UNC Charlotte's Energy Production and Infrastructure Center (EPIC), the North Carolina Clean Energy Technology Center (NCCETC) and the North Carolina Department of Environmental Quality (DEQ) have received a $300,000 competitive award from the U.S. Department of Energy for a joint, two-year project to consider developing a centralized energy grid to effectively support critical services in the case of power outages.
“The cost to society after a major weather-related disaster can be far greater than the cost required to invest in resilience, but unfortunately, there are not good methods or metrics to evaluate these investments,” said Robert Cox, associate director of EPIC.
The two-year project, “Planning an Affordable, Resilient and Sustainable Grid in North Carolina,” will include opportunities for interested stakeholders to review metrics developed by the research team and to provide input into an advanced grid scenario focused on enabling a more decentralized resilient grid, including micro/mini grids that can support critical services, such as hospitals, in the case of power outages.
EPIC will analyze outage data provided by Duke Energy following major weather-related disasters that have impacted North Carolina over the last several years. Once this baseline information is known, EPIC will consider the potential impact of Duke Energy’s proposed grid-hardening measures, including distribution automation and undergrounding power lines. The team will consider the potential impact of the advanced grid scenario that would include incentives for micro-grids and other advanced technologies.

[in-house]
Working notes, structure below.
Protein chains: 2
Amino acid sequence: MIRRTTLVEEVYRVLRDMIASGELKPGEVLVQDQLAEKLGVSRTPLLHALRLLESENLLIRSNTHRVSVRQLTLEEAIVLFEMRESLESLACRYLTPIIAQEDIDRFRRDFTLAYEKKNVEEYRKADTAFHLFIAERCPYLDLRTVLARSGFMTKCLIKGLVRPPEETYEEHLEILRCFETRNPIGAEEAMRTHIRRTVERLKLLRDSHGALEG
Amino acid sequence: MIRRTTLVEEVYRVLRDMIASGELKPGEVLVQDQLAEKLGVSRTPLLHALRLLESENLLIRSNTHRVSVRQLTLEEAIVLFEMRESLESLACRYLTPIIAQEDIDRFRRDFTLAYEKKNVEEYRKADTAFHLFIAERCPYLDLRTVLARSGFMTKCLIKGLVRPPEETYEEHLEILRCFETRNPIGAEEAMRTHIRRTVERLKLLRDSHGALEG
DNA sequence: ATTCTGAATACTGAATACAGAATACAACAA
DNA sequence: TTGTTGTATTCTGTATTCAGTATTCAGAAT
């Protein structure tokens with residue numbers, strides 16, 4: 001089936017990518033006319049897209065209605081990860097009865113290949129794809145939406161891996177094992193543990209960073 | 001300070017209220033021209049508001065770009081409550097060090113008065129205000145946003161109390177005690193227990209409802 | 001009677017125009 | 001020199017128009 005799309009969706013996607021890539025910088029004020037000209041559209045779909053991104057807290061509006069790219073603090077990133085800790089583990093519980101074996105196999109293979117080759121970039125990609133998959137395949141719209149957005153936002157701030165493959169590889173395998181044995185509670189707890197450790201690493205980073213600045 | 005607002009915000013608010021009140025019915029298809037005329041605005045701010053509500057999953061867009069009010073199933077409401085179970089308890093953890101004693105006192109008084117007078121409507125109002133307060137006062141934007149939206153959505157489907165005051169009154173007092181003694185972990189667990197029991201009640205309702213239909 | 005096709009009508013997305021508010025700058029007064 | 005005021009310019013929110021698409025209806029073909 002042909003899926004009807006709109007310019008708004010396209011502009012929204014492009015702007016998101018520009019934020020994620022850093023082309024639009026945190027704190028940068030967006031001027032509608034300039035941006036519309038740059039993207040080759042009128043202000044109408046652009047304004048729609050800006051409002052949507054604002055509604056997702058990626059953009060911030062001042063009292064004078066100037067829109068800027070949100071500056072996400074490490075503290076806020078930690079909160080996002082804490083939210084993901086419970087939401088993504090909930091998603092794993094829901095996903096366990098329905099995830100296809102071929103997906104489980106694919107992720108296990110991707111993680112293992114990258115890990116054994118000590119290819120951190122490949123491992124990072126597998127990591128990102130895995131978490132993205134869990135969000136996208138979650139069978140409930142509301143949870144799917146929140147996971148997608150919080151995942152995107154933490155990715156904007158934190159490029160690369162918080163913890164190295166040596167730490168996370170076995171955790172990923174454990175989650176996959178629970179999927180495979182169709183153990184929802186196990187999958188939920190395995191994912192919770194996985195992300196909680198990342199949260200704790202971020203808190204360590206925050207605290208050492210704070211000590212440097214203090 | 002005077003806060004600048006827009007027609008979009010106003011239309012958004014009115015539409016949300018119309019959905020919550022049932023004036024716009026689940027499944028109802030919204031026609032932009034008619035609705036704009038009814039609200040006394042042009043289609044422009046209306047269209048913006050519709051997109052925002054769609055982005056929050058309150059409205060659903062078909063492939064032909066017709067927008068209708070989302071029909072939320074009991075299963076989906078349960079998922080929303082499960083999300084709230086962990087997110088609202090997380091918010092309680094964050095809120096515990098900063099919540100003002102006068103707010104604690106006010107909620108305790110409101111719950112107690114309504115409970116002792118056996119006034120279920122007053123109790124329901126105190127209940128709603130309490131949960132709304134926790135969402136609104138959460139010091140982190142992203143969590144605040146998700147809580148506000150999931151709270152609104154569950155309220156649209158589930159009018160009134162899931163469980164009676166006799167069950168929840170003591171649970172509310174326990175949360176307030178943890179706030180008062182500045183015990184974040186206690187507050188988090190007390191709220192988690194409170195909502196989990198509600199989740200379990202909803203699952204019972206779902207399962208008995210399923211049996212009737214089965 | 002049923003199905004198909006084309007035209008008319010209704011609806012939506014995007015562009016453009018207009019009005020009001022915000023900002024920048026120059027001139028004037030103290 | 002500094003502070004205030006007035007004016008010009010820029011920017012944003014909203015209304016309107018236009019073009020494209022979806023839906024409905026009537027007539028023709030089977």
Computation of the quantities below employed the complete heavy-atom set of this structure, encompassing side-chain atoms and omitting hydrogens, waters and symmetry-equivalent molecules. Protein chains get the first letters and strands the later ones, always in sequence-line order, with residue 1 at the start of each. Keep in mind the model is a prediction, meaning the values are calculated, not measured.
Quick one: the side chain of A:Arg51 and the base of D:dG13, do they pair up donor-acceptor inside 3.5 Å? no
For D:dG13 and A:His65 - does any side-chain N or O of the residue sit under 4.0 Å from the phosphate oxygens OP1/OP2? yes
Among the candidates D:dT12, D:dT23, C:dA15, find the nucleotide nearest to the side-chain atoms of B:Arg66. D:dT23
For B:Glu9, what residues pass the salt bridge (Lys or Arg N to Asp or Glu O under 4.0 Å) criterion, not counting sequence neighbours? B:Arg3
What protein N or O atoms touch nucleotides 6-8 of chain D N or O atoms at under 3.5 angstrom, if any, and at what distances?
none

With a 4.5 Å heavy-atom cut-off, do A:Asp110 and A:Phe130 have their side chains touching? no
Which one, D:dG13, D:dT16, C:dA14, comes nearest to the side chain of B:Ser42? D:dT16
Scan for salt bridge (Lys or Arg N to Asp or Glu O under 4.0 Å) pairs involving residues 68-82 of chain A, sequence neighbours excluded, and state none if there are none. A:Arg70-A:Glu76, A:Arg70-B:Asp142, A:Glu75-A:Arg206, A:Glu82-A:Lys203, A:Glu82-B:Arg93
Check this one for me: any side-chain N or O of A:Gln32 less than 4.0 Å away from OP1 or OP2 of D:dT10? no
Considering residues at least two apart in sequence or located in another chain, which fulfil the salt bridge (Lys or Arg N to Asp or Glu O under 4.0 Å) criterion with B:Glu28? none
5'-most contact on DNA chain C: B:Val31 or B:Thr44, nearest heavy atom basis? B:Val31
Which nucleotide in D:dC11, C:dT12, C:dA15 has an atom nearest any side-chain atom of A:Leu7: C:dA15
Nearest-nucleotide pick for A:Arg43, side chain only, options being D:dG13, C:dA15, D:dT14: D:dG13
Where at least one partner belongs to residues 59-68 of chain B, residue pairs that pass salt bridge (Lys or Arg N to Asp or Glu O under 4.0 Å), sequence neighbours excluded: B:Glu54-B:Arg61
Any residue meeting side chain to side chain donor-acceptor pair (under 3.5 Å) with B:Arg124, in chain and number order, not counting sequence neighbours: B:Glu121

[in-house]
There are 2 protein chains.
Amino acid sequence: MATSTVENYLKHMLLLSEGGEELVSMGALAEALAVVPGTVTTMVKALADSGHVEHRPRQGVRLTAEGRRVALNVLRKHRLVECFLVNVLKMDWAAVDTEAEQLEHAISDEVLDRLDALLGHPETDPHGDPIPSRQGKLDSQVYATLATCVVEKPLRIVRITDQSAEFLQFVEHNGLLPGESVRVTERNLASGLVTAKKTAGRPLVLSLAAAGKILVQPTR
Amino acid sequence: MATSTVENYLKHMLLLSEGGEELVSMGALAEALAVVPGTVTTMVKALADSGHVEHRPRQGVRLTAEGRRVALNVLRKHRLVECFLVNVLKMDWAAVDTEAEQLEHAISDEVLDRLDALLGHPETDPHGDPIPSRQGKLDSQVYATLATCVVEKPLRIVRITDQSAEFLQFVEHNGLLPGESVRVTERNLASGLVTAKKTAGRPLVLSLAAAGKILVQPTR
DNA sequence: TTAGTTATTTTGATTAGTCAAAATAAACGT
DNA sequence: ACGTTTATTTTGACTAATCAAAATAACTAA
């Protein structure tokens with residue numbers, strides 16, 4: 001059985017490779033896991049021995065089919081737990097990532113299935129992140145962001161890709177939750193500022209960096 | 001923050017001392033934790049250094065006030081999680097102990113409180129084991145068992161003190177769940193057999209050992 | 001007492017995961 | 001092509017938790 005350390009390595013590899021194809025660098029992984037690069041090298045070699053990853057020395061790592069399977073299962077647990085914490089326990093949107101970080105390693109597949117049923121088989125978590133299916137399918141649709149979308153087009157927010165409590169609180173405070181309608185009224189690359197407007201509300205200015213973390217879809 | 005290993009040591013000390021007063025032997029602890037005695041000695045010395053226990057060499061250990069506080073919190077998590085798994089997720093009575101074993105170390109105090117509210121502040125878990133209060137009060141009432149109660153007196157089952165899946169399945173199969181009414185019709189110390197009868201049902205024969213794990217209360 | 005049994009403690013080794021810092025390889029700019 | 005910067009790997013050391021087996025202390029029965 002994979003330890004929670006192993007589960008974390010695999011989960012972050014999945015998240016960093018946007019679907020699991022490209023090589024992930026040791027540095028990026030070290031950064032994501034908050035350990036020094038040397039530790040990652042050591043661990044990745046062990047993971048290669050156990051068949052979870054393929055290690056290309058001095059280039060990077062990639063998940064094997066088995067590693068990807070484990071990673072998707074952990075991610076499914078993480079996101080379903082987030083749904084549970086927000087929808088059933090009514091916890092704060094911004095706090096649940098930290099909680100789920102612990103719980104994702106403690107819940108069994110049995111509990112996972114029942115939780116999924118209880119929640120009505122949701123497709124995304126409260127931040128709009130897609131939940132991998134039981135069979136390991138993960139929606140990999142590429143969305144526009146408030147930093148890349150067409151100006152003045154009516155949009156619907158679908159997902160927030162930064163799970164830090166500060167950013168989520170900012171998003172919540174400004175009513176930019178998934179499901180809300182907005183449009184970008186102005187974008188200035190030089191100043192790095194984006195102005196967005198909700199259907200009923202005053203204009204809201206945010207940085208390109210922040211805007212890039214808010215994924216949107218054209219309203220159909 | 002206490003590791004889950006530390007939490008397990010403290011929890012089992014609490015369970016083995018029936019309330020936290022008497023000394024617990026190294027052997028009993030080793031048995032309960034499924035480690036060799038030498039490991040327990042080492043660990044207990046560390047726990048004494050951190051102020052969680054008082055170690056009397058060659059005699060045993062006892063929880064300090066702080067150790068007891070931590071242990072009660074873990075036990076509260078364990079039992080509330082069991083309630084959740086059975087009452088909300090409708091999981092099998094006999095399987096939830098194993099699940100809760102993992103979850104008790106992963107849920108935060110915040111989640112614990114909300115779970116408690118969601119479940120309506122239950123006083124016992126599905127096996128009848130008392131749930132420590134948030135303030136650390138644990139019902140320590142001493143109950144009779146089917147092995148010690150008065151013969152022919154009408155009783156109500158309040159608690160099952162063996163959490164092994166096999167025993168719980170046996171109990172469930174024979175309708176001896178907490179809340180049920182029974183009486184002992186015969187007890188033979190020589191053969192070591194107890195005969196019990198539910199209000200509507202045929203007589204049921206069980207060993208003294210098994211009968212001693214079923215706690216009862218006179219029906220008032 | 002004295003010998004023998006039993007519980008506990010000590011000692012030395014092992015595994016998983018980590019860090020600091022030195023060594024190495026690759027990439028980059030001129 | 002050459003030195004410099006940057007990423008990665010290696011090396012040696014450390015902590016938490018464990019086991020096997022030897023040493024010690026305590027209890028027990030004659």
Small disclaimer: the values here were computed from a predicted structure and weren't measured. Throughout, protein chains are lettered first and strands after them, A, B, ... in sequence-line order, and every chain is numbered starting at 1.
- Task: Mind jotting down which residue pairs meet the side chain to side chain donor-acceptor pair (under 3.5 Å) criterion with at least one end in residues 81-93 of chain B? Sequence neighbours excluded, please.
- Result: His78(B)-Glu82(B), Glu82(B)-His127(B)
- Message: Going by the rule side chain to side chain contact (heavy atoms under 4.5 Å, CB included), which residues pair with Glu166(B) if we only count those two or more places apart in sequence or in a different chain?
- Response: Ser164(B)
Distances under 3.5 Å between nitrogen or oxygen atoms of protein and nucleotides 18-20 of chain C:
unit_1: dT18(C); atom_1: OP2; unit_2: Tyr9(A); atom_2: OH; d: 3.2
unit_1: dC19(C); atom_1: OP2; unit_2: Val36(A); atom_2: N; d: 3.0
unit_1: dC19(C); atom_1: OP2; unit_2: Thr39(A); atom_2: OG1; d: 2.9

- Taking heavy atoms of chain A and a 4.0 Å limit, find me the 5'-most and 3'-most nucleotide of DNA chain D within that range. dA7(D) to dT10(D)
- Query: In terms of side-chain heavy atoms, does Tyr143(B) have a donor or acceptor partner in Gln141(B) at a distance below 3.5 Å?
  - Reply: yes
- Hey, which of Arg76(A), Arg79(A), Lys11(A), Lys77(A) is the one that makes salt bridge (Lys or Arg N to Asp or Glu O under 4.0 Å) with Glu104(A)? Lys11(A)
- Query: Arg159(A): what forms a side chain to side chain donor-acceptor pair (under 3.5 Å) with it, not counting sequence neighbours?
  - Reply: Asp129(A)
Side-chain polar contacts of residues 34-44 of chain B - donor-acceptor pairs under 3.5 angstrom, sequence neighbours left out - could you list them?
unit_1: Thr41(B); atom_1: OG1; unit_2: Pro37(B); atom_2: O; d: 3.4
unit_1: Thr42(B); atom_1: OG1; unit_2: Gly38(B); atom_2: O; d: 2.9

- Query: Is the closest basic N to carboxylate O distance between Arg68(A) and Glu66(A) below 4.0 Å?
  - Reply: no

“The NCCETC will lead an initial stakeholder meeting in mid-2020 to seek input into and comment on the technical and economic analysis on the improved and advanced scenarios,” said Anne Tazewell, NCCETC special project program manager.
A second meeting will provide stakeholders opportunities to consider a third scenario that will include the technical, policy and economic analysis conducted, while taking into account future affordability, reliability and resilience. Finally, a roadmap that combines the techno-economic analysis and stakeholder input will be developed to help inform future utility resilience related processes.